Wednesday, 31 March 2010

"Some people say life is the thing, but I prefer reading."

Long before developing a passion for running, I had a lifelong (near enough) passion for reading. While the two enthusiasms are clearly difficult to indulge simultaneously, there is a fairly large intersection, viz. books about running, of which, happily, there are many.

Recently I have really enjoyed Long Distance Information by Julie Welch, a journalist who in middle life acquired a passion for long-distance events, particularly running. It's a personal, intimate and often very funny account. I love this passage: "Running. An activity which I had last, reluctantly, performed at school, at which I sometimes made the C team if I was unlucky, which I associated with cold foggy afternoons and wet Aertex. If you had told me when I was fourteen that running would one day give me adventure, confidence, pride, calm and even, maybe, sometimes, a reason to go on, that it would work on me far more magically than any mind drug, that through running I would learn far more about myself than I ever did in any psychiatrist's chair, I would have just laughed. But some thirty years on, it was true."

Welch has also written, among other things, 26.2: Running the London Marathon - I haven't read it yet, but have just ordered a used copy from Amazon, and am really looking forward to it arriving. While I have no particular current aspirations to run the London Marathon, I'm sure it will be a good read.

On similar lines, First Marathons by Gail Kislevitz is a series of personal accounts of "encounters with the 26.2 mile monster". It's American - lots of running books are, I've found - and all the marathons and most of the interviewees are US-based. It's still pretty relevant to UK readers, though - 26.2 miles is 26.2 miles regardless of where in the world you are. It's a good read, and excellent to dip in and out of. I particularly enjoyed the story of "running nun" Sister Marion Irvine, a former 20-stone 40-a-day smoker who ran her first marathon at the age of 50 and went on to smash age group records, including qualifying for Olympic trials with a 2:51 marathon..... at the age of 54.

There are, of course, numerous "how-to" guides, of which probably the most comprehensive - American, again - is Bob Glover's classic The Runner's Handbook, which covers pretty much everything you might want or need to know. The Runner's World Complete Book of Women's Running by the fascinatingly named Dagny Scott Barrios, while less comprehensive than Glover's, covers similar ground slanted towards those of us of a female persuasion. For complete beginners, John "The Penguin" Bingham's No Need For Speed or Zest Magazine's best-selling Running Made Easy are very encouraging and motivating.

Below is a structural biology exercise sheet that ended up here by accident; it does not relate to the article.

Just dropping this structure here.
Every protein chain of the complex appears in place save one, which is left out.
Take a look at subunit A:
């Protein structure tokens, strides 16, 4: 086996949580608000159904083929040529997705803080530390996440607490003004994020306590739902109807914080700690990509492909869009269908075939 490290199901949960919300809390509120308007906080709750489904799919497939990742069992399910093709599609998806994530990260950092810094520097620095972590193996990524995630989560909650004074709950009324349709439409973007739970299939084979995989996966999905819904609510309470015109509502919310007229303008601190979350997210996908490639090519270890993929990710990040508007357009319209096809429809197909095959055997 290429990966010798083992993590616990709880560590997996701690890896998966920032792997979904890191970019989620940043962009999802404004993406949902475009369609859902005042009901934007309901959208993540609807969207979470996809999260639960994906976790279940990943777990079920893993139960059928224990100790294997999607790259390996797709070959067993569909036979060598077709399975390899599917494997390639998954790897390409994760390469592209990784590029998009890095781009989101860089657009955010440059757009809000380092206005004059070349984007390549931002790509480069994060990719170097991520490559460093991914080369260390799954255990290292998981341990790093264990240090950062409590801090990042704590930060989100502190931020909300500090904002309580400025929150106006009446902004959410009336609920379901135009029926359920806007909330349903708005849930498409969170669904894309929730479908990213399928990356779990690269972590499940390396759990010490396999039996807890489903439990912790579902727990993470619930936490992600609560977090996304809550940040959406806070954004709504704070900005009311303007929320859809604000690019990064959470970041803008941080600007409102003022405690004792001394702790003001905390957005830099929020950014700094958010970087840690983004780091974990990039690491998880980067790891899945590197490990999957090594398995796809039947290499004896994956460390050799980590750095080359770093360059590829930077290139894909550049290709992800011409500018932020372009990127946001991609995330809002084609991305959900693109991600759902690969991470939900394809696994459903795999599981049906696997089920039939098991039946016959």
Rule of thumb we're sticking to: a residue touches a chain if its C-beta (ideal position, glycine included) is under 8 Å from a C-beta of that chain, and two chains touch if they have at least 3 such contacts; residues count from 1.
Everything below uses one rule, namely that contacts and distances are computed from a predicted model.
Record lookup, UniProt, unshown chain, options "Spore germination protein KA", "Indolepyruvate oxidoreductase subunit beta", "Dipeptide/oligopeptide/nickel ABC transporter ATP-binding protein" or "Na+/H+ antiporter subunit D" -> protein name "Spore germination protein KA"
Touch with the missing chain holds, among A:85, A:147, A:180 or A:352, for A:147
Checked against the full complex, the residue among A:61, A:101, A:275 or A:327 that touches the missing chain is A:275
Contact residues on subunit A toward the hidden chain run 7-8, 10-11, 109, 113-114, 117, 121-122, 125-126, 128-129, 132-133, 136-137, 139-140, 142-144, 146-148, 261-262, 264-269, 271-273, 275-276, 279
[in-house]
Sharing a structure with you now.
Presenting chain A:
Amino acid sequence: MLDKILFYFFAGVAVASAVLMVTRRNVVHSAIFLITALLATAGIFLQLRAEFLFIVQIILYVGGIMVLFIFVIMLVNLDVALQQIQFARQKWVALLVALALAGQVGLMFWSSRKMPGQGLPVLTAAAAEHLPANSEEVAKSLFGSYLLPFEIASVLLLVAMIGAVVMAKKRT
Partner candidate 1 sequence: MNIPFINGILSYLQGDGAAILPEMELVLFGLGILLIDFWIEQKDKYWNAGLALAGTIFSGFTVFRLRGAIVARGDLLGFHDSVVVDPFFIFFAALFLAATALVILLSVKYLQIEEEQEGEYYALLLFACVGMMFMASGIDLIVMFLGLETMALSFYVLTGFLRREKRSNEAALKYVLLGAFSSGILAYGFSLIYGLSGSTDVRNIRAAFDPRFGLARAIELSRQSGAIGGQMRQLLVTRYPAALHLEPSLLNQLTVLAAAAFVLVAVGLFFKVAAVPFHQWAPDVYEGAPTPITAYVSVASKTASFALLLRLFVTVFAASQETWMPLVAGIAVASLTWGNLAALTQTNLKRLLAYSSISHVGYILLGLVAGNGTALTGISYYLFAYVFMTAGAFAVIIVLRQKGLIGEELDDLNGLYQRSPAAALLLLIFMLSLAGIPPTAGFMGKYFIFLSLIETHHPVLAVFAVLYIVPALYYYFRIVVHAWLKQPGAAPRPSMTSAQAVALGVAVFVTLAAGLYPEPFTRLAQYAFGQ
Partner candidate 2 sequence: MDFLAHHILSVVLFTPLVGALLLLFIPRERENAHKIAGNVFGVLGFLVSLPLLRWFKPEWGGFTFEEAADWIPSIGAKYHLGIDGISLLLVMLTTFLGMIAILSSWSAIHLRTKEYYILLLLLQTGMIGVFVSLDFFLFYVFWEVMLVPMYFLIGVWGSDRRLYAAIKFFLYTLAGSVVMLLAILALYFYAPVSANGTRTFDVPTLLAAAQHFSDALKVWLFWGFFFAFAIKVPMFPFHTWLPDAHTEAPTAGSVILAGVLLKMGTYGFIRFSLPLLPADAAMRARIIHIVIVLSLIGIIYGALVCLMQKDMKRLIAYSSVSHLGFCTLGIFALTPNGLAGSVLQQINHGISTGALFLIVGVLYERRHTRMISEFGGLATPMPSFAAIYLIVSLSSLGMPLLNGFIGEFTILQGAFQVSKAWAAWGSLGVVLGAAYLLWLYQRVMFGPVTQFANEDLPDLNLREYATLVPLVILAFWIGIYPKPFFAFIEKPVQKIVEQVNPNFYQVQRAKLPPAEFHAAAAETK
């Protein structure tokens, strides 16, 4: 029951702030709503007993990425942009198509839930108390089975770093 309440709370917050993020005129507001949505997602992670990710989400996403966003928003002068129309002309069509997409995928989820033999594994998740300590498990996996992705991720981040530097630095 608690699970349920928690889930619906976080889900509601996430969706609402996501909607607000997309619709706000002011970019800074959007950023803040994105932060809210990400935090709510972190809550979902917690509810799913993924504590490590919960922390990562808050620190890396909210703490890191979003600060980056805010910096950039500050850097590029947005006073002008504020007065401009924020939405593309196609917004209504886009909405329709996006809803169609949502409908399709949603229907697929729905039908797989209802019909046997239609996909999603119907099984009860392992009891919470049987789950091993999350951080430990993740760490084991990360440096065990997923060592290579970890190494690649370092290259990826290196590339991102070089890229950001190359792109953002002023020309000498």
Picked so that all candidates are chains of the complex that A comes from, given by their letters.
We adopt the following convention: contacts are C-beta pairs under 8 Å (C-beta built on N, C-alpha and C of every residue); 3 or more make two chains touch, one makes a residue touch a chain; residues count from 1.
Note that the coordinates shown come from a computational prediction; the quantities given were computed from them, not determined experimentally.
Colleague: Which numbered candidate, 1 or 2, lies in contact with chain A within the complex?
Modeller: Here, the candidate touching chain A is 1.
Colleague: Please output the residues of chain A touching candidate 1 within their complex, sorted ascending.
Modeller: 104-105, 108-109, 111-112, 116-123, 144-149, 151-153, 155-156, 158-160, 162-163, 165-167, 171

Currently I'm a quarter of the way through Chris McDougall's recent Born To Run: The Hidden Tribe, the Ultra-Runners, and the Greatest Race the World Has Ever Seen, which is something different again. Will post a review when I have finished it!

"Running is the greatest metaphor for life, because you get out of it what you put into it."

Hello, and welcome to my new blog, where I’m going to be – hopefully – blogging my running: training, races and doubtless various random stuff.

I’ve been running regularly for about a year. I’m not good at it. I’m not fast. Nevertheless I am astounded by how far – literally and metaphorically – I have already come after 40 years as a complete non-runner, not to mention how far I still have to go.

This year, "the big one" for which I will be preparing is the Loch Ness Marathon in October 2010, which I will be running for Marie Curie Cancer Care. I’m simultaneously wildly excited and completely horrified by the prospect of running 26.2 miles in just over six months’ time. In the meantime I have a couple of 10k’s coming up, the Stonehaven Half Marathon in July, and lots and lots and lots of training.

Seriously, I can't wait.